Edited by - rudy on 12/09/2018 18:04:28

PeterJ - Posted - 12/10/2018:  06:05:07


The other thing to consider is how you will control your volume. With a mic on a stand, you simply back up from it when you’re not taking a lead. With a mic attached to your banjo, either strapped inside or clipped on (like a lavalier mic), you’ll need to pay attention to how hard you are picking.

Most pickups will need a preamp to boost the signal, adjust eq, and match impedance to your amp or mixer. Live, I use a fishman pickup (not the Rare Earth, the earlier version) with a Radial PZ-Deluxe that includes a boost for solos. There are several other brands that have a boost function, or you can use a preamp and a separate clean boost pedal. More stuff, but it works. For a jam, that may be more complicated than you need, though.

banjoak - Posted - 12/10/2018:  13:05:51


My thoughts are start with what is the goal of the amplification. Consider different between... 1. for the audience to hear you; 2. for the other musicians to hear you. 3. to hear yourself better (as personal monitor).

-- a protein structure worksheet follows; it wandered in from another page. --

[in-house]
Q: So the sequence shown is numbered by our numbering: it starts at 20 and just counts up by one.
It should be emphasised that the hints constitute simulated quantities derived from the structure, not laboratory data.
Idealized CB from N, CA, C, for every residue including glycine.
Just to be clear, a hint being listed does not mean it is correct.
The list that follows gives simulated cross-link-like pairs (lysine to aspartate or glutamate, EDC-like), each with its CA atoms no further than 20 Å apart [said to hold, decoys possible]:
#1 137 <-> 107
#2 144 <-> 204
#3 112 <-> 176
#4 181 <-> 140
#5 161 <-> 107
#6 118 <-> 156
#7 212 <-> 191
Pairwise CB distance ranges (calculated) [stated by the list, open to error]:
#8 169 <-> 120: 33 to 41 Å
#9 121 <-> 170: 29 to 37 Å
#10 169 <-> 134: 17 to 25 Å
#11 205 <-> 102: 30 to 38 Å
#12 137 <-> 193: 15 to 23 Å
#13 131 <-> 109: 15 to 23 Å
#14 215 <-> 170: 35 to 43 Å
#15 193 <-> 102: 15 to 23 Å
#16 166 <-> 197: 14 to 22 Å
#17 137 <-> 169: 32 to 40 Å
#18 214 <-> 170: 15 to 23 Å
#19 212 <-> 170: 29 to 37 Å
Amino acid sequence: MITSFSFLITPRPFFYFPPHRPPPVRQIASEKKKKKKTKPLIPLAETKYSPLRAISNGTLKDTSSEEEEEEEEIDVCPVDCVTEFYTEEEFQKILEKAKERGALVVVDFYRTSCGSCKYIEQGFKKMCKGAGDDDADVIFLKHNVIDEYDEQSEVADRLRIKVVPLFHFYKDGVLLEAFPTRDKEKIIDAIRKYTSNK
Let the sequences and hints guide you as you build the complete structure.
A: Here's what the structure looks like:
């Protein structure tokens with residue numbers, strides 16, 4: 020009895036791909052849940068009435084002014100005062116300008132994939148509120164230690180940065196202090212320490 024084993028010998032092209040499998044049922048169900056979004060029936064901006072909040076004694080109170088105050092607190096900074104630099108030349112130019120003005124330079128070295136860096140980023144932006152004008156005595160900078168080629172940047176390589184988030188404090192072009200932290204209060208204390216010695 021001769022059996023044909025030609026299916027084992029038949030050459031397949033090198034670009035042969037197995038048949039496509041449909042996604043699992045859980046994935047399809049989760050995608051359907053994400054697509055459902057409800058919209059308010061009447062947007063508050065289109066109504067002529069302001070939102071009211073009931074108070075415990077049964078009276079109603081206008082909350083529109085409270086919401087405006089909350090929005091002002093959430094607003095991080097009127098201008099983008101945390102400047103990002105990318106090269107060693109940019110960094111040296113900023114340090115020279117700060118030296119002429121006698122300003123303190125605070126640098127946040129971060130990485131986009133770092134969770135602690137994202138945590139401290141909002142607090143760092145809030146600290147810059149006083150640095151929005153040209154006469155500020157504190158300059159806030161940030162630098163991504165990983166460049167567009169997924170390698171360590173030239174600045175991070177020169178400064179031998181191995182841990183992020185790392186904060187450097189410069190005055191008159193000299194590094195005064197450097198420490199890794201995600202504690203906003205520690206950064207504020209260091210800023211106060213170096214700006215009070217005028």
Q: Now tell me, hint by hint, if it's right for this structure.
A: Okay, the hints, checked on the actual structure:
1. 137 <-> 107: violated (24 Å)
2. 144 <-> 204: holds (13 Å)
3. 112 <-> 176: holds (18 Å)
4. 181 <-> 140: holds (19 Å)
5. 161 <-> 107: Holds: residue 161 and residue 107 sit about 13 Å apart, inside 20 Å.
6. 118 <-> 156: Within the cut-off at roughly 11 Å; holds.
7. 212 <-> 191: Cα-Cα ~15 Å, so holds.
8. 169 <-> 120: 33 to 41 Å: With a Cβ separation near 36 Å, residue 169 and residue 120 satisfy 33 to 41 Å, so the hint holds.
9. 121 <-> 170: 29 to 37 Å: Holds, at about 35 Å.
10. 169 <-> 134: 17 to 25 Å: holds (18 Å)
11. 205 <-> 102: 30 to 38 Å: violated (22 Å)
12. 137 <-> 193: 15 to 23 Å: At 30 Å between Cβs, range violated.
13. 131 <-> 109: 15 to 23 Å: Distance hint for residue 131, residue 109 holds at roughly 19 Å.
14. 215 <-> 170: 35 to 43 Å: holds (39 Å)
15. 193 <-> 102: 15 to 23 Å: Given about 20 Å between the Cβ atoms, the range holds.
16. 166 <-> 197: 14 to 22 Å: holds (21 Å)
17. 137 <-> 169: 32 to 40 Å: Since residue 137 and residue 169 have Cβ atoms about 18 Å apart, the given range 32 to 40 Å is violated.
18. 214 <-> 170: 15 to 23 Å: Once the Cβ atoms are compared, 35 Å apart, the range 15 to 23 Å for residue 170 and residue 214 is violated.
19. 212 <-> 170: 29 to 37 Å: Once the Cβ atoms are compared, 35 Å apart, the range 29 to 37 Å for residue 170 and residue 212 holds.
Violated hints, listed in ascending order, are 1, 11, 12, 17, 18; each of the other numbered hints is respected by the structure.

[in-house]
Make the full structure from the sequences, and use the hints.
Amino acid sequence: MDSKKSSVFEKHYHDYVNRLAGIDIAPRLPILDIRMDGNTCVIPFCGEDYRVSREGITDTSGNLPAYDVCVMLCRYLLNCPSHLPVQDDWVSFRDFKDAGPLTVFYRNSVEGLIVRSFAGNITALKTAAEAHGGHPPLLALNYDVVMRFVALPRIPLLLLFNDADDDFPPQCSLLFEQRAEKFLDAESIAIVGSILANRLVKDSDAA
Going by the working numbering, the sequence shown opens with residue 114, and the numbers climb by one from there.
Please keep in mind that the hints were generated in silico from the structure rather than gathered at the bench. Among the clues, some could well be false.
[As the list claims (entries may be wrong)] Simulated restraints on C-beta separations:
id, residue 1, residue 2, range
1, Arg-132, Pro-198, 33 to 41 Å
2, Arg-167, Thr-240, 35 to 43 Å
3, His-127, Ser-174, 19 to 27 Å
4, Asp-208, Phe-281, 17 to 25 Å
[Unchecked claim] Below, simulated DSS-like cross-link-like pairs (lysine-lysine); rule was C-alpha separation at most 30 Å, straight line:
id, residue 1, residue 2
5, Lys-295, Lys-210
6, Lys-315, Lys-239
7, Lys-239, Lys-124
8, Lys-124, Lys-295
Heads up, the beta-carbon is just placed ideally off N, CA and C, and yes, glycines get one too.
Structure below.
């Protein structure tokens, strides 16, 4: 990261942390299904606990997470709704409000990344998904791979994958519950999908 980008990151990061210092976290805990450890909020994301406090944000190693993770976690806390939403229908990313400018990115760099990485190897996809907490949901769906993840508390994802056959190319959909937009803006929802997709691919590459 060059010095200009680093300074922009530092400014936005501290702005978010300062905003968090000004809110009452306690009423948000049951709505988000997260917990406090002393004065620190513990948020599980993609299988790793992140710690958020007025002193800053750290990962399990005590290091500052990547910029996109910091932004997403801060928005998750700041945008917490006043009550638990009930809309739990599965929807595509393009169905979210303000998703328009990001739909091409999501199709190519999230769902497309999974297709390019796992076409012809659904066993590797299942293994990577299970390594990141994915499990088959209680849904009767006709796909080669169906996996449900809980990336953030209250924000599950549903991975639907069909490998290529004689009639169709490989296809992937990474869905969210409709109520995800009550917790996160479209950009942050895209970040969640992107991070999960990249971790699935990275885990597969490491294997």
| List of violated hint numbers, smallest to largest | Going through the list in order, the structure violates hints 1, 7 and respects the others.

How loud do you actually need to be; how much need to amplify? And then what are the potential gain before feedback issues?



Need to also consider, not just the input side (mic/PU) but the monitoring; set-up (amp, speaker, walls/ceiling), and what possible options. This is sometimes overlooked, or ignored... yet might be more important in evaluation of the issue/solution.



With those considerations, there are much more than just simple mic vs PU; many different types mics, PUs, and set-ups; differences that play a role in how loud, GBF and tone quality.


Edited by - banjoak on 12/10/2018 13:11:21

banjoak - Posted - 12/10/2018:  14:24:31


quote:

Originally posted by rudy

Any mic is problematic when it comes to banjo use because the head is a very good reflector, easily directing sound from PA monitors directly back into the mic.  Mounting a mic in the back of a banjo is a far better approach as Darrell shows.